Gino led his troops into the forest. The elves occasionally turned to fire a volley of arrows before running deeper into the forest.
“The pointy eared bastards are toying with us,” Gino muttered. “Move faster! We’ll show the tree spawn our strength!” The trolls rushed forward with increased resolve. The elves led them to a clearing where a regiment of soldiers was waiting.
“They’ve out-smarted themselves!” Gino cried. “There’s nowhere for them to run now!” As the trolls charged into the clearing they were hit with arrows from all sides. Gino pulled an arrow out of his arm. “Damn it, retreat!”
The remaining trolls followed him quickly, but they found their exit blocked by more elven warriors.
Sadow sat in his carriage with Laina’s head opposite him. “That headmistress is proving to be more formidable than a blind woman has any right to be,” Sadow muttered. “What should I do to deal with her?”
“You have many capable agents,” Laina said. “Why not release me and ask one of them?”
Sadow pointed toward Laina’s head. A small bolt shot from his finger and struck her. The electricity whirled around her. Her face twisted in agony but she couldn’t scream.
“I’ve had enough of your whining,” Sadow said. “Either answer my questions or I will see to it that your suffering intensifies.”
“You have many capable agents,” Laina said. “Some that can not be connected to you. One of those should be employed.”
“That’s better,” Sadow said. “I’ll send Femre and his people. They should be more than one blind girl, even an omni-mage, can handle.”
“Run for your lives!” The carriage driver shouted. He rolled off of his seat and ran as quickly as he could. The horses stopped in their tracks and tried to turn around. Sadow grabbed Laina’s head and formed a shield of lightning around the two of them. Around them, the wagon and horses were torn to pieces and carried away by a vicious tornado.
“This is no ordinary phenomenon,” Sadow said, sending more energy into his shield. “This is magic. But who would dare?”
When the tornado cleared Sadow was surrounded by debris. A single cloaked figure stood on the road in front of him. “Who are you?” Sadow demanded. “What is the reason behind this outrage? Do you not know who I am?”
“I know well who you are!” The figure drew a sword and leapt at Sadow. The Magi put his hands together. A jet of flame shot upward at the descending figure. Seconds later the charred remains of the cloak came scattering downward.
“Where?” Sadow wondered. Before he could locate the figure a blade severed some of his ribs from behind. Sadow pushed his energy backward scattering bolts of lightning. He whirled around to face his attacker. “It can’t be!” the lich cried. A draconian with violet scales was standing before him, fully armoured. Sadow dropped Laina’s head and took an involuntary step back, he was shaking slightly.
The draconian flew into the air and quickly dived toward Sadow. The lich unleashed a torrent of energy. Lightning bolts shot from the sky toward Michael. He manoeuvred in a highly erratic pattern. Sometimes dodging the bolts by gliding to the side, sometimes by stopping in his tracks, and sometimes by speeding up and diving. Sadow gnashed his teeth and drew an ornate curved dagger. He used it to block Michael’s downward thrust, but the force itself was almost enough to send the lich sprawling.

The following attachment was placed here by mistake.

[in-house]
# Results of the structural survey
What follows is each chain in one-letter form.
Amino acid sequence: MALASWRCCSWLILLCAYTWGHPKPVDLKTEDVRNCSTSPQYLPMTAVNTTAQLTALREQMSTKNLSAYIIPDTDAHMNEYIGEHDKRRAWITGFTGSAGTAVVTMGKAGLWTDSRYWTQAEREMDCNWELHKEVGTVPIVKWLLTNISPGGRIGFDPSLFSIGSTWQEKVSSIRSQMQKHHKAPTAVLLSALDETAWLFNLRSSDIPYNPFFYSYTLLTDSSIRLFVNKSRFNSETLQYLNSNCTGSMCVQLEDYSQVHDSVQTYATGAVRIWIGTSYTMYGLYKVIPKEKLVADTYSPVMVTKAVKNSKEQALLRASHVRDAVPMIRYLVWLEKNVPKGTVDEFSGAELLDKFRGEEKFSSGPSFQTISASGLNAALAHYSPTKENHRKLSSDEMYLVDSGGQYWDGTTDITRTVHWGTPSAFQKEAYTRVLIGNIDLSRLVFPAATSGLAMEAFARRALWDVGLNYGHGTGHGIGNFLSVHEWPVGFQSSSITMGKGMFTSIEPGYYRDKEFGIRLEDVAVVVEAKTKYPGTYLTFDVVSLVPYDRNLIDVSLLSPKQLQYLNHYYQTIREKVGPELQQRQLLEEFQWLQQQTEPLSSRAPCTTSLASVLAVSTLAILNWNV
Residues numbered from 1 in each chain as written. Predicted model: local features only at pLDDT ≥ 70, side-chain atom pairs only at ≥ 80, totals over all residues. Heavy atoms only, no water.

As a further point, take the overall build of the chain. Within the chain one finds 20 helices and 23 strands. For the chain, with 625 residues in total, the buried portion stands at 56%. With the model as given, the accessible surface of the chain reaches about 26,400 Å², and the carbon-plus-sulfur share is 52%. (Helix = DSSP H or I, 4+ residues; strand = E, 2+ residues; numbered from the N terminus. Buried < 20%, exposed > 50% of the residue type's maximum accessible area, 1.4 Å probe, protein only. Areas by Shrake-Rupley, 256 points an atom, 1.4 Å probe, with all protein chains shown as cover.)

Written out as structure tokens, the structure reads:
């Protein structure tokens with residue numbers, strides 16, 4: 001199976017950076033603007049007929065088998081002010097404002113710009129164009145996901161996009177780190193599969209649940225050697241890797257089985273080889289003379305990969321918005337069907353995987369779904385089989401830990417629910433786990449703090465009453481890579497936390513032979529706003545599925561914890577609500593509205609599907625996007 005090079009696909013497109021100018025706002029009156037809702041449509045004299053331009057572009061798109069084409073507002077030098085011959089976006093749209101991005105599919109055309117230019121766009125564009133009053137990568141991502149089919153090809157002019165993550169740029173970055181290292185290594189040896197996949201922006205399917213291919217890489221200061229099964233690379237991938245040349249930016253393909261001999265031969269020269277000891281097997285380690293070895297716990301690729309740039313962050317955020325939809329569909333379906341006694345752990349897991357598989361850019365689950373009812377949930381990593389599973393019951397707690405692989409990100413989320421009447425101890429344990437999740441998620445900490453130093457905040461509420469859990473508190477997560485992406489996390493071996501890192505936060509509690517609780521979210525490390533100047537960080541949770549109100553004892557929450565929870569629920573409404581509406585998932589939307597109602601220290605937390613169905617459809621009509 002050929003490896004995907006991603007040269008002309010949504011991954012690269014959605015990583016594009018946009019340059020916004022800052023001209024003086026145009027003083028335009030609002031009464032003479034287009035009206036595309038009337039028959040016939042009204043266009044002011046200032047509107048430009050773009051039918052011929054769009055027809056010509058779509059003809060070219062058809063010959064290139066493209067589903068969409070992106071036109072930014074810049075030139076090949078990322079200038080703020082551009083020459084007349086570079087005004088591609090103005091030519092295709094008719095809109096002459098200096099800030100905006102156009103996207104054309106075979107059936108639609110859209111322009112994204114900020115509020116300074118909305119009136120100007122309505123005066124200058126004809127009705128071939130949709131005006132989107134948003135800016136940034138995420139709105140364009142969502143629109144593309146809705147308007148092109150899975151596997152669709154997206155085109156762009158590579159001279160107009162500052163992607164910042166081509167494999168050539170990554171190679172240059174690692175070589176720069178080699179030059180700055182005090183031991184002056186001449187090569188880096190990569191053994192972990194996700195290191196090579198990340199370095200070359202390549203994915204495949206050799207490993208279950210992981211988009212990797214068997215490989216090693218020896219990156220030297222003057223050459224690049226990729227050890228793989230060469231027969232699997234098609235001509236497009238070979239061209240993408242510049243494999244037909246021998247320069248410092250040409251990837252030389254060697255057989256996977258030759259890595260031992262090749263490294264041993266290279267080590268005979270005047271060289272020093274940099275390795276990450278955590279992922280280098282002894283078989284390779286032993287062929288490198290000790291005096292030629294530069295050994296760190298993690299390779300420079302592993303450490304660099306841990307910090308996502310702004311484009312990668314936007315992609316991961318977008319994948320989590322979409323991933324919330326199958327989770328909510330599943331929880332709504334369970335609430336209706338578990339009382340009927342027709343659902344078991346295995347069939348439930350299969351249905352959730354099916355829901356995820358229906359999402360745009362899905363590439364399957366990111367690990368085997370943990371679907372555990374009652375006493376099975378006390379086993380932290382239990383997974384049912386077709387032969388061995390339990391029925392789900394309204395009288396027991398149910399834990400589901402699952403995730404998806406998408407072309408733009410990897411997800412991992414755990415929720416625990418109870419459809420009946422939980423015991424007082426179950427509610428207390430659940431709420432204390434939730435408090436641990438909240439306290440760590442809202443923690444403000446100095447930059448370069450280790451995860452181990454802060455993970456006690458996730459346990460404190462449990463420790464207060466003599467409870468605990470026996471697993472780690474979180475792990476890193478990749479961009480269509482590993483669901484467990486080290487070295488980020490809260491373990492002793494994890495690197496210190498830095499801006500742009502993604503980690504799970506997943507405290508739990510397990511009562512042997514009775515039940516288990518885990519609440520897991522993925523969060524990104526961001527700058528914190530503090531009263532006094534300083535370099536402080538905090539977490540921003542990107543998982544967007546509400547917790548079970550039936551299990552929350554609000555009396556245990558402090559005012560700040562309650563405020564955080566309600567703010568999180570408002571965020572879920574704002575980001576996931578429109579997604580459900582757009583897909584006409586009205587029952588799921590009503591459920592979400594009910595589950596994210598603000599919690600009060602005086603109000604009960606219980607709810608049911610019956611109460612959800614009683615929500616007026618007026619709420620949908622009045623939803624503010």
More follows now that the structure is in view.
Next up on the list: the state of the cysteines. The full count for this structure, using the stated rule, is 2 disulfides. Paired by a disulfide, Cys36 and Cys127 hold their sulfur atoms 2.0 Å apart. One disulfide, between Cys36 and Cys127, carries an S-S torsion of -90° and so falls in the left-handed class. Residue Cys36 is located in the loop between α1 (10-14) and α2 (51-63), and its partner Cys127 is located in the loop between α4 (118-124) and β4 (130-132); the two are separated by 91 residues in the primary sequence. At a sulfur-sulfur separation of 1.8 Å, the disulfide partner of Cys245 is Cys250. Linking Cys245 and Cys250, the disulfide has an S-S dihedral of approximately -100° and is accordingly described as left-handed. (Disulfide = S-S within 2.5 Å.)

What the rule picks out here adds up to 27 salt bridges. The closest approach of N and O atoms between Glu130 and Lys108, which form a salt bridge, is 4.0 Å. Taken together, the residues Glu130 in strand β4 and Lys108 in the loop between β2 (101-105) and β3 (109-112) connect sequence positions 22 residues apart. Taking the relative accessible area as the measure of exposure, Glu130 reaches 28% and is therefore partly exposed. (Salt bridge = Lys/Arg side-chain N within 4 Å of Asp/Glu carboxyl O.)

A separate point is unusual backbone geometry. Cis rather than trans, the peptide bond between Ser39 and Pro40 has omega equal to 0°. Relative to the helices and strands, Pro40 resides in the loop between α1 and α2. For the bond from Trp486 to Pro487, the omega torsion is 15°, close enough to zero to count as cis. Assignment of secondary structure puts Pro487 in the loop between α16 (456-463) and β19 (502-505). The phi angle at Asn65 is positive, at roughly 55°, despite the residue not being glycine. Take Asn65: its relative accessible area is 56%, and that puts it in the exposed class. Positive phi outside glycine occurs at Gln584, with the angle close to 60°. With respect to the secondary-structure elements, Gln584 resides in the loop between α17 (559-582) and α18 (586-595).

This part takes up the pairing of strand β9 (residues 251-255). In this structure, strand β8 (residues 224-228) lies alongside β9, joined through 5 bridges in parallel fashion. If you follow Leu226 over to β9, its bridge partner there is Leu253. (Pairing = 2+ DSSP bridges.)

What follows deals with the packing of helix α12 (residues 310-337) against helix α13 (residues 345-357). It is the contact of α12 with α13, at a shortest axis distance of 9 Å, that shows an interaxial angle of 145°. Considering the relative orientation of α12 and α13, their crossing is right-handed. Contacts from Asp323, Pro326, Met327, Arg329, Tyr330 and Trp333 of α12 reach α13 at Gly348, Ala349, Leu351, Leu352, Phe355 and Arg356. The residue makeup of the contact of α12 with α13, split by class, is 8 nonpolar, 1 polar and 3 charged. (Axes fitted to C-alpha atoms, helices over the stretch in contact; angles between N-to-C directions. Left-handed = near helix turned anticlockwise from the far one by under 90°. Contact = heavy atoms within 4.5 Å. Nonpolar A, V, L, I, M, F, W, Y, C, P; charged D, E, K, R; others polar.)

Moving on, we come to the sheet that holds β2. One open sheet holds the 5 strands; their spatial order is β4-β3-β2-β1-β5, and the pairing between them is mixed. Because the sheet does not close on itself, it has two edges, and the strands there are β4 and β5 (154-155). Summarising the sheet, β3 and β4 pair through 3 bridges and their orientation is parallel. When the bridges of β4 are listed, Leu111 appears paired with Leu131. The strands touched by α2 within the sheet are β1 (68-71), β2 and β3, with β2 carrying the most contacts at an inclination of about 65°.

Sadow quickly released his flames to surround him, forcing Michael back. Sadow quickly thrust his palms out. Fireballs shot out from both in rapid succession. Michael got hit by the edge of one of them and got thrown backwards.
Sadow put his hands together and fired an enormous bolt of lightning. It hit Michael dead on in the chest as he fell. Michael crashed into the ground, bloodied but still moving. His sword dropped several metres away. Sadow laughed out loud. “I don’t know what I was afraid of,” he said. “You’re nothing! You should have stayed home, Little girl. You’re as weak and inconsequential as the rest of your race!”
Michael flipped upward, landing on his feet and charged at Sadow. The Magi reached his hand out and sent fiery spikes flying at Michael. They pierced his armour. One even broke through his helmet and singed his left cheek. They blew open on impact, spreading flames all over the areas they hit. Michael reeled back and collapsed. He was breathing heavily and struggling to stay conscious. Sadow laughed at his efforts.
Michael muttered a quick incantation. A light-blue mist descended around Sadow and Michael. An almost invisible stream went from one to the other. Sadow didn’t notice it.
“Don’t feel too bad,” Sadow said. “I’ll send you to meet the rest of your mongrel people.” His hand began emitting a crimson glow. Before he could fire off a final bolt of energy an arrow knocked his hand back. Sadow instinctively surrounded himself with a shield of lightning to block any more arrows.
A female elf ran from the forest, firing arrows. She shouldered her bow and draped the draconian over her shoulders in a quick, fluid motion. Then she tapped the ground twice with her left foot and ran. Sadow brought up his energy to incinerate them both, but a wave of dirt shot out from the spot that the elf had touched and buried him.
By the time that he had dug himself out they had vanished into the forest. Sadow retrieved Laina’s head. “Why didn’t you tell me that I missed one?” he demanded.
“I told you,” she said. “I lost my gift for prophecy when I died.”
“This is a huge problem,” Sadow said. “I have to kill her. Her, and her elf friend.” He turned toward the forest, but hesitated to give pursuit. “But what if there are more? I can’t risk it. I have to get to my keep. My agents, they can handle her. I have to use my scrying pool, find out if there are more.” He carefully bundled Laina’s head in cloth and moved back to Wicadia to find another carriage.